Three finalists seeking to be the new chief executive officer at Bartlett Regional Hospital will visit Juneau starting next Friday, with public meet-and-greets scheduled for each as the hospital seeks to move on from numerous recent leadership controversies.
Two of the three finalists are applying after short stints as CEOs at their respective hospitals, although the specifics of why are unknown since they could not be reached Friday and their preliminary interviews with BRH’s board of directors were in closed executive sessions. Erin Hardin, a hospital spokesperson, stated in an email interview Juneau’s location was among the prime motivating factors for at least one of the finalists.
“I know for at least one of those candidates, they were not looking for a new position, but applied as Alaska is a dream destination for their family,” Hardin wrote. “This was referenced in their resume materials.”
Visits by individual finalists will include meet-and-greets from 5-6 p.m. June 3, 6 and 7, Hardin stated. The rest of the candidates’ agendas during their visits are still being finalized, with times and locations scheduled to be announced next week, but the hospital’s board has scheduled meetings the mornings after each of meet-and-greet that will available online via Zoom.
The board’s next announced meeting following the interviews is 5:30 p.m. June 28.
The three finalists selected from six candidates interviewed by the BRH board are:
Emily Dilley, CEO of Kearny County Hospital in Lakin, Kan., since September of 2021. In a “letter to the community” posted at that hospital’s website when her appointment was announced she wrote “there were many factors that drew me here, perhaps most of all the community and organization’s strongly rooted values and forward-thinking culture…The richness and diversity of the community was also part of the draw for me. Diverse perspectives drive innovative thinking.” Before that she held various leadership positions with Prairie Ridge Health (formerly Columbus Community Hospital) in Columbus, Wisc. from 2012 to 2021.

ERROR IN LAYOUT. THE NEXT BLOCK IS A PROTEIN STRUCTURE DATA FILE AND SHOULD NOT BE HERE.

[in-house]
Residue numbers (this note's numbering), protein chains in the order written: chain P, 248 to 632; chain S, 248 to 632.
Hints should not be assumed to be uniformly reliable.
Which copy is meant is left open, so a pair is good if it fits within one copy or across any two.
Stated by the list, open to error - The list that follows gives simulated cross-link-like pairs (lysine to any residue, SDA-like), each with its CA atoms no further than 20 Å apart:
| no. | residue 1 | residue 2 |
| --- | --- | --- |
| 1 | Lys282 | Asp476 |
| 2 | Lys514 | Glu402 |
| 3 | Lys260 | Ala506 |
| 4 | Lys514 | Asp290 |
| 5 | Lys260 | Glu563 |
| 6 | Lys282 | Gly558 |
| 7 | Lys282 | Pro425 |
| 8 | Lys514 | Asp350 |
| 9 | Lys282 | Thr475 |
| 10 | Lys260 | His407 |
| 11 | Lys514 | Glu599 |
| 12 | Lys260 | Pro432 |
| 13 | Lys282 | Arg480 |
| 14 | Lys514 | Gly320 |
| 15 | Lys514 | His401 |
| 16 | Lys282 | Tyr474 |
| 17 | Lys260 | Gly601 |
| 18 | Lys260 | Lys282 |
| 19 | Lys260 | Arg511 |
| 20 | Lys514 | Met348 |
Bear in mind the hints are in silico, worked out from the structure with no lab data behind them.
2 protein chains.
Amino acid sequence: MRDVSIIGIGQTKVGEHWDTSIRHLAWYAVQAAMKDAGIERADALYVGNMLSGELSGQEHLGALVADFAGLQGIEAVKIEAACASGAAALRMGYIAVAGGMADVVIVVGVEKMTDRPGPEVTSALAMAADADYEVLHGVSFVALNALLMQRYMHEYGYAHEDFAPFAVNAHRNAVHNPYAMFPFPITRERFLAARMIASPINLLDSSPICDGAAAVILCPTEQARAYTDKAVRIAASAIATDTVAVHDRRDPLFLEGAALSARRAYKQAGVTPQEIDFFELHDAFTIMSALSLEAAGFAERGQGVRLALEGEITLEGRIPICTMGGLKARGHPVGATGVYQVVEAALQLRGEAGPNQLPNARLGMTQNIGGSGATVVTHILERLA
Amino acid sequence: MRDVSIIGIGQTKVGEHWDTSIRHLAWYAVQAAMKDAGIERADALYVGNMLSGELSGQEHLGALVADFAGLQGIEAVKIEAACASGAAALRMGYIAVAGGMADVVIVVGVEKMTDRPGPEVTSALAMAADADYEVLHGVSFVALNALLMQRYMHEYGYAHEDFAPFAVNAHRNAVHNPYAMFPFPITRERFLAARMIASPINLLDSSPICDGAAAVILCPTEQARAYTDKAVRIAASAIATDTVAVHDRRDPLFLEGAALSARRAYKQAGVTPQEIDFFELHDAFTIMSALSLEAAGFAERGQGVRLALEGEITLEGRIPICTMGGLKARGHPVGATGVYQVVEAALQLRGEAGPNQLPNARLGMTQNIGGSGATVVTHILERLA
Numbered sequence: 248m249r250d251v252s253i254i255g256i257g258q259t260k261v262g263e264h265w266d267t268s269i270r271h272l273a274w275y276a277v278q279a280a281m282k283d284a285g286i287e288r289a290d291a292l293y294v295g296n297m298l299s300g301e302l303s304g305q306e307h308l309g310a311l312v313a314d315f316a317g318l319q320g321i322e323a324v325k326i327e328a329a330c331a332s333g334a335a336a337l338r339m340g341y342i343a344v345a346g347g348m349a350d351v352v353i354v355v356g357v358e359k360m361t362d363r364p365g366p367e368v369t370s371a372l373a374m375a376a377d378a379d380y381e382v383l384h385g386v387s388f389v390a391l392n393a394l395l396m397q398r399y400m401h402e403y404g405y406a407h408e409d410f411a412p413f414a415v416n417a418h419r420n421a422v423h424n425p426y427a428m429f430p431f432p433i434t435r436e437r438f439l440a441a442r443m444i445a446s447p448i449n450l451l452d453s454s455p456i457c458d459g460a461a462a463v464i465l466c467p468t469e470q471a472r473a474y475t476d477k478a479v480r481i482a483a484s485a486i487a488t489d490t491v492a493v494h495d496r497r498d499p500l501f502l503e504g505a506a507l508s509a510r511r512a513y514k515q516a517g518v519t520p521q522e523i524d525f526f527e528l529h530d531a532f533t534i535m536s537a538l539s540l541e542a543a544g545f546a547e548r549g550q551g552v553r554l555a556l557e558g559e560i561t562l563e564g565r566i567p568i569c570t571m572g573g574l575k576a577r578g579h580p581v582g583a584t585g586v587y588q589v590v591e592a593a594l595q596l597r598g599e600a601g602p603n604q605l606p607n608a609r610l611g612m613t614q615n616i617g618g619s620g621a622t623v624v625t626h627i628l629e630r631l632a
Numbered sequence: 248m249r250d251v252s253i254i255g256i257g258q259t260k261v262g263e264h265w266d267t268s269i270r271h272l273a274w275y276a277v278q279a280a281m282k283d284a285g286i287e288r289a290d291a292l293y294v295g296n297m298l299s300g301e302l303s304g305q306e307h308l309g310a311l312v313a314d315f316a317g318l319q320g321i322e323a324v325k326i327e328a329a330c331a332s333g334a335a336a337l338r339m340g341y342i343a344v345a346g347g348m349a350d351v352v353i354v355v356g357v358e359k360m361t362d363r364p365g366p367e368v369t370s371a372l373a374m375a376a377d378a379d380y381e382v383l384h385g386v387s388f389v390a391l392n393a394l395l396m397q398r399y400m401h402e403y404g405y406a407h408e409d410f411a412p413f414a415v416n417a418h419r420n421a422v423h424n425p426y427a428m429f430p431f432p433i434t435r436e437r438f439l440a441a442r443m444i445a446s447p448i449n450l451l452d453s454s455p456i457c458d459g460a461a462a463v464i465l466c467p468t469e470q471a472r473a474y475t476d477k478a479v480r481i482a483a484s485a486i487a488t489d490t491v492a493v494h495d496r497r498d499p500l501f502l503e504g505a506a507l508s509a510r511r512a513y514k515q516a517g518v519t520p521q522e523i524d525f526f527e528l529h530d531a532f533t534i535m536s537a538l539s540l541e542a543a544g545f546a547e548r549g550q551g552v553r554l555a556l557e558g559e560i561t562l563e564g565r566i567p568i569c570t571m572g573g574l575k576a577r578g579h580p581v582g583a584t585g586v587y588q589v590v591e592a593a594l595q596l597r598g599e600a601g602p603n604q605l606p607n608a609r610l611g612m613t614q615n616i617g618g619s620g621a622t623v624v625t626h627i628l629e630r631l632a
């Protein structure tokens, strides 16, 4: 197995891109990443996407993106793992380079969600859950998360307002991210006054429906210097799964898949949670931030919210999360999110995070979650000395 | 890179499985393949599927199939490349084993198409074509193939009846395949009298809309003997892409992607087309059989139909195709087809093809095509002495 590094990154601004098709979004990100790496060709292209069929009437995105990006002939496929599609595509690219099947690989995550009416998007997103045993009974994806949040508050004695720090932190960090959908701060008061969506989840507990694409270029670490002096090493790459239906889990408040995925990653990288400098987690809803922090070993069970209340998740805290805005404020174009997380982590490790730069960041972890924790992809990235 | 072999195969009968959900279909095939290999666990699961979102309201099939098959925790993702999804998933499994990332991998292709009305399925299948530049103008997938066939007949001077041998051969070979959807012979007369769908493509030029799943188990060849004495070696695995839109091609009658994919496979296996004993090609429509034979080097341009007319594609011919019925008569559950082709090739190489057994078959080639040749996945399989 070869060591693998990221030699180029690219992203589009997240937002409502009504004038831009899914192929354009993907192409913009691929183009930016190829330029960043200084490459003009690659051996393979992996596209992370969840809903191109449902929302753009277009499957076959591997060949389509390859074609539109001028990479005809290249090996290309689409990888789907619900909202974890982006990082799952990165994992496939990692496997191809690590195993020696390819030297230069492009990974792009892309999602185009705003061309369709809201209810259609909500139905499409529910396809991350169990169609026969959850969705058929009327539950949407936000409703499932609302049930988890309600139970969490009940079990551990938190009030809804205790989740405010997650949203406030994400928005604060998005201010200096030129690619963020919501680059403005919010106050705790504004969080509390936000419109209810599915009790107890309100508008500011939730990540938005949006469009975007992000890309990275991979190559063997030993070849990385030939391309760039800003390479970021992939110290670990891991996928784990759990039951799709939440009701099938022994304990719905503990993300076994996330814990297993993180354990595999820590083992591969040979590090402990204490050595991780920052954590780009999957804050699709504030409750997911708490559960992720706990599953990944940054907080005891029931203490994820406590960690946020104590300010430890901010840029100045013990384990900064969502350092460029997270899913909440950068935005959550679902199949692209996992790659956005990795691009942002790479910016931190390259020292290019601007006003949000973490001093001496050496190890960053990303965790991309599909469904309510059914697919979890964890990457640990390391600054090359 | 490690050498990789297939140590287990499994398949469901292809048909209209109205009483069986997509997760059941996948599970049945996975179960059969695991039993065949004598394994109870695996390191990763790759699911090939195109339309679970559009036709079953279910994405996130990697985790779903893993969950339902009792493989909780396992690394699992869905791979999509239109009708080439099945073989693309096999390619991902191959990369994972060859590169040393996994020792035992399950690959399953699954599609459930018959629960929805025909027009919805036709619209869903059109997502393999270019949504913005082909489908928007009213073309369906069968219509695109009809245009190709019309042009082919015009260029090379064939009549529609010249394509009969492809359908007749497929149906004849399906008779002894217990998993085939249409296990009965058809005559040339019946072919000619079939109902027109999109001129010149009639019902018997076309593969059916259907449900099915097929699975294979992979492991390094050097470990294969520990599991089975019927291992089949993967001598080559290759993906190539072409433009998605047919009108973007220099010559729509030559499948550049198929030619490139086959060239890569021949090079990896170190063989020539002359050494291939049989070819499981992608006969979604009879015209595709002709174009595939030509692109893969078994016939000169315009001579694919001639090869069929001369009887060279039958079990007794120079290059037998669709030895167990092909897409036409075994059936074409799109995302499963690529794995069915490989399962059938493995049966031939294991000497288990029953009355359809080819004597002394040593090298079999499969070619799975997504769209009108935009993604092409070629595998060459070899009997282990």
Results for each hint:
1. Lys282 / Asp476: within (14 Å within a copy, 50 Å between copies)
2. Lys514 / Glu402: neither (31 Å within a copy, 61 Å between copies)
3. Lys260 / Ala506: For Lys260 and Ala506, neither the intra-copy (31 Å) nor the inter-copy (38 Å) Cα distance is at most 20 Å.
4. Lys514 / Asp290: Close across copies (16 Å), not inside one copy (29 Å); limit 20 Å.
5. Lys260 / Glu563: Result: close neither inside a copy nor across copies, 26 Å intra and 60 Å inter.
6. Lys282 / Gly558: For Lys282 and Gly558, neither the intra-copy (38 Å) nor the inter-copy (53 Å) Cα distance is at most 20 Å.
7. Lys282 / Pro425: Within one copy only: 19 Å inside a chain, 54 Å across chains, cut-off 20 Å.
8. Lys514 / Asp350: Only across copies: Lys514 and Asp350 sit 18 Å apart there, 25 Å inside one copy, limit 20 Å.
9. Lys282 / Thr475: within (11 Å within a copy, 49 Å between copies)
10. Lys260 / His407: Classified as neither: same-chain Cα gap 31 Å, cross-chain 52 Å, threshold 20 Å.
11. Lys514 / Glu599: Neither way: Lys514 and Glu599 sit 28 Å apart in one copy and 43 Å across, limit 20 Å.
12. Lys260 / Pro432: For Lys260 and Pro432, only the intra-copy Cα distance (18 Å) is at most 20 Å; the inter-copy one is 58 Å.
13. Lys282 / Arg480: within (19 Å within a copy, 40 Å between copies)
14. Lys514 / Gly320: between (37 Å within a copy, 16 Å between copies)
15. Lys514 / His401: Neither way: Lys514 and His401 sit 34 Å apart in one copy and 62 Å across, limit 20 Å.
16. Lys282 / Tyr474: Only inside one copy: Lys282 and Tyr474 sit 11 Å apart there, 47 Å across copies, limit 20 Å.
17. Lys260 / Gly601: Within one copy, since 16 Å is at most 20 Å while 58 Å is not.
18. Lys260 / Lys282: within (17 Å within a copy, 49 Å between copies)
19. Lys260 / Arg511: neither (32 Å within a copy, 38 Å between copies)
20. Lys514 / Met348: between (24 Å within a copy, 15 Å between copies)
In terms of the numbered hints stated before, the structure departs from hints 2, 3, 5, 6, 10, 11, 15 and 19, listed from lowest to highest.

Matthew Heyn, president and CEO of Delta Health in Delta, Colo., since April of 2020. When appointed to that job he stated in a hospital press release “What I can say is that there will be a pretty significant cultural transformation with employees to where they feel empowered and at liberty to discuss ideas on how to better care for patients. These will be aligned against organizational goals that will be developed in conjunction with the Board’s strategic plan.” Before that job he served in senior leadership positions at four other hospitals in Colorado and Kansas for 13 years.
Jeffery Hudson-Covolo, vice president for patient care services and chief nurse executive of Sierra View Medical Center in Porterville, Calif., since January of 2014. In March of this year he was named one of 66 Becker’s Healthcare CNOs to Know nationally (of 37,475 registered). “Being a servant leader is about establishing relationships to be able to build mutual trust and respect,” he told The Sun Gazette newspaper after winning the award. “This framework leads to teams being able to be resilient and masterful during a crisis or providing healthcare on an everyday basis.” Previously he has worked as the chief operating officer or CNO for four hospitals in Illinois, Florida and California during a 10-year period.
BRH is seeking a new permanent CEO after going through multiple CEOs during a 20-month period ending last October.
The retirement of Chuck Bill in early 2021 after six years in the position resulted in Chief Financial Officer Kevin Benson serving as interim CEO until Rose Lawhorne was named the permanent replacement in the spring of 2021. However, she resigned and then was fired by the board six months later after an inappropriate personal relationship with a subordinate staff member, and Kathy Callahan briefly came out of retirement to fill the position until Jerel Humphrey was named interim CEO, which he will remain until a permanent CEO begins.
Other leadership turmoil has occurred recently, including the departure of Vlad Tocaas, COO, the resignation of Kevin Benson as CFO and the resignation of Bradley Grigg as chief behavioral health officer.
In January the hospital announced a new hospital leadership structure that, according to Hardin at the time, resulted as Humphrey “came in and has done an evaluation and determined it made sense to go back to the prior, streamlined organization.”
• Juneau Empire reporter Mark Sabbatini can be reached at email@example.com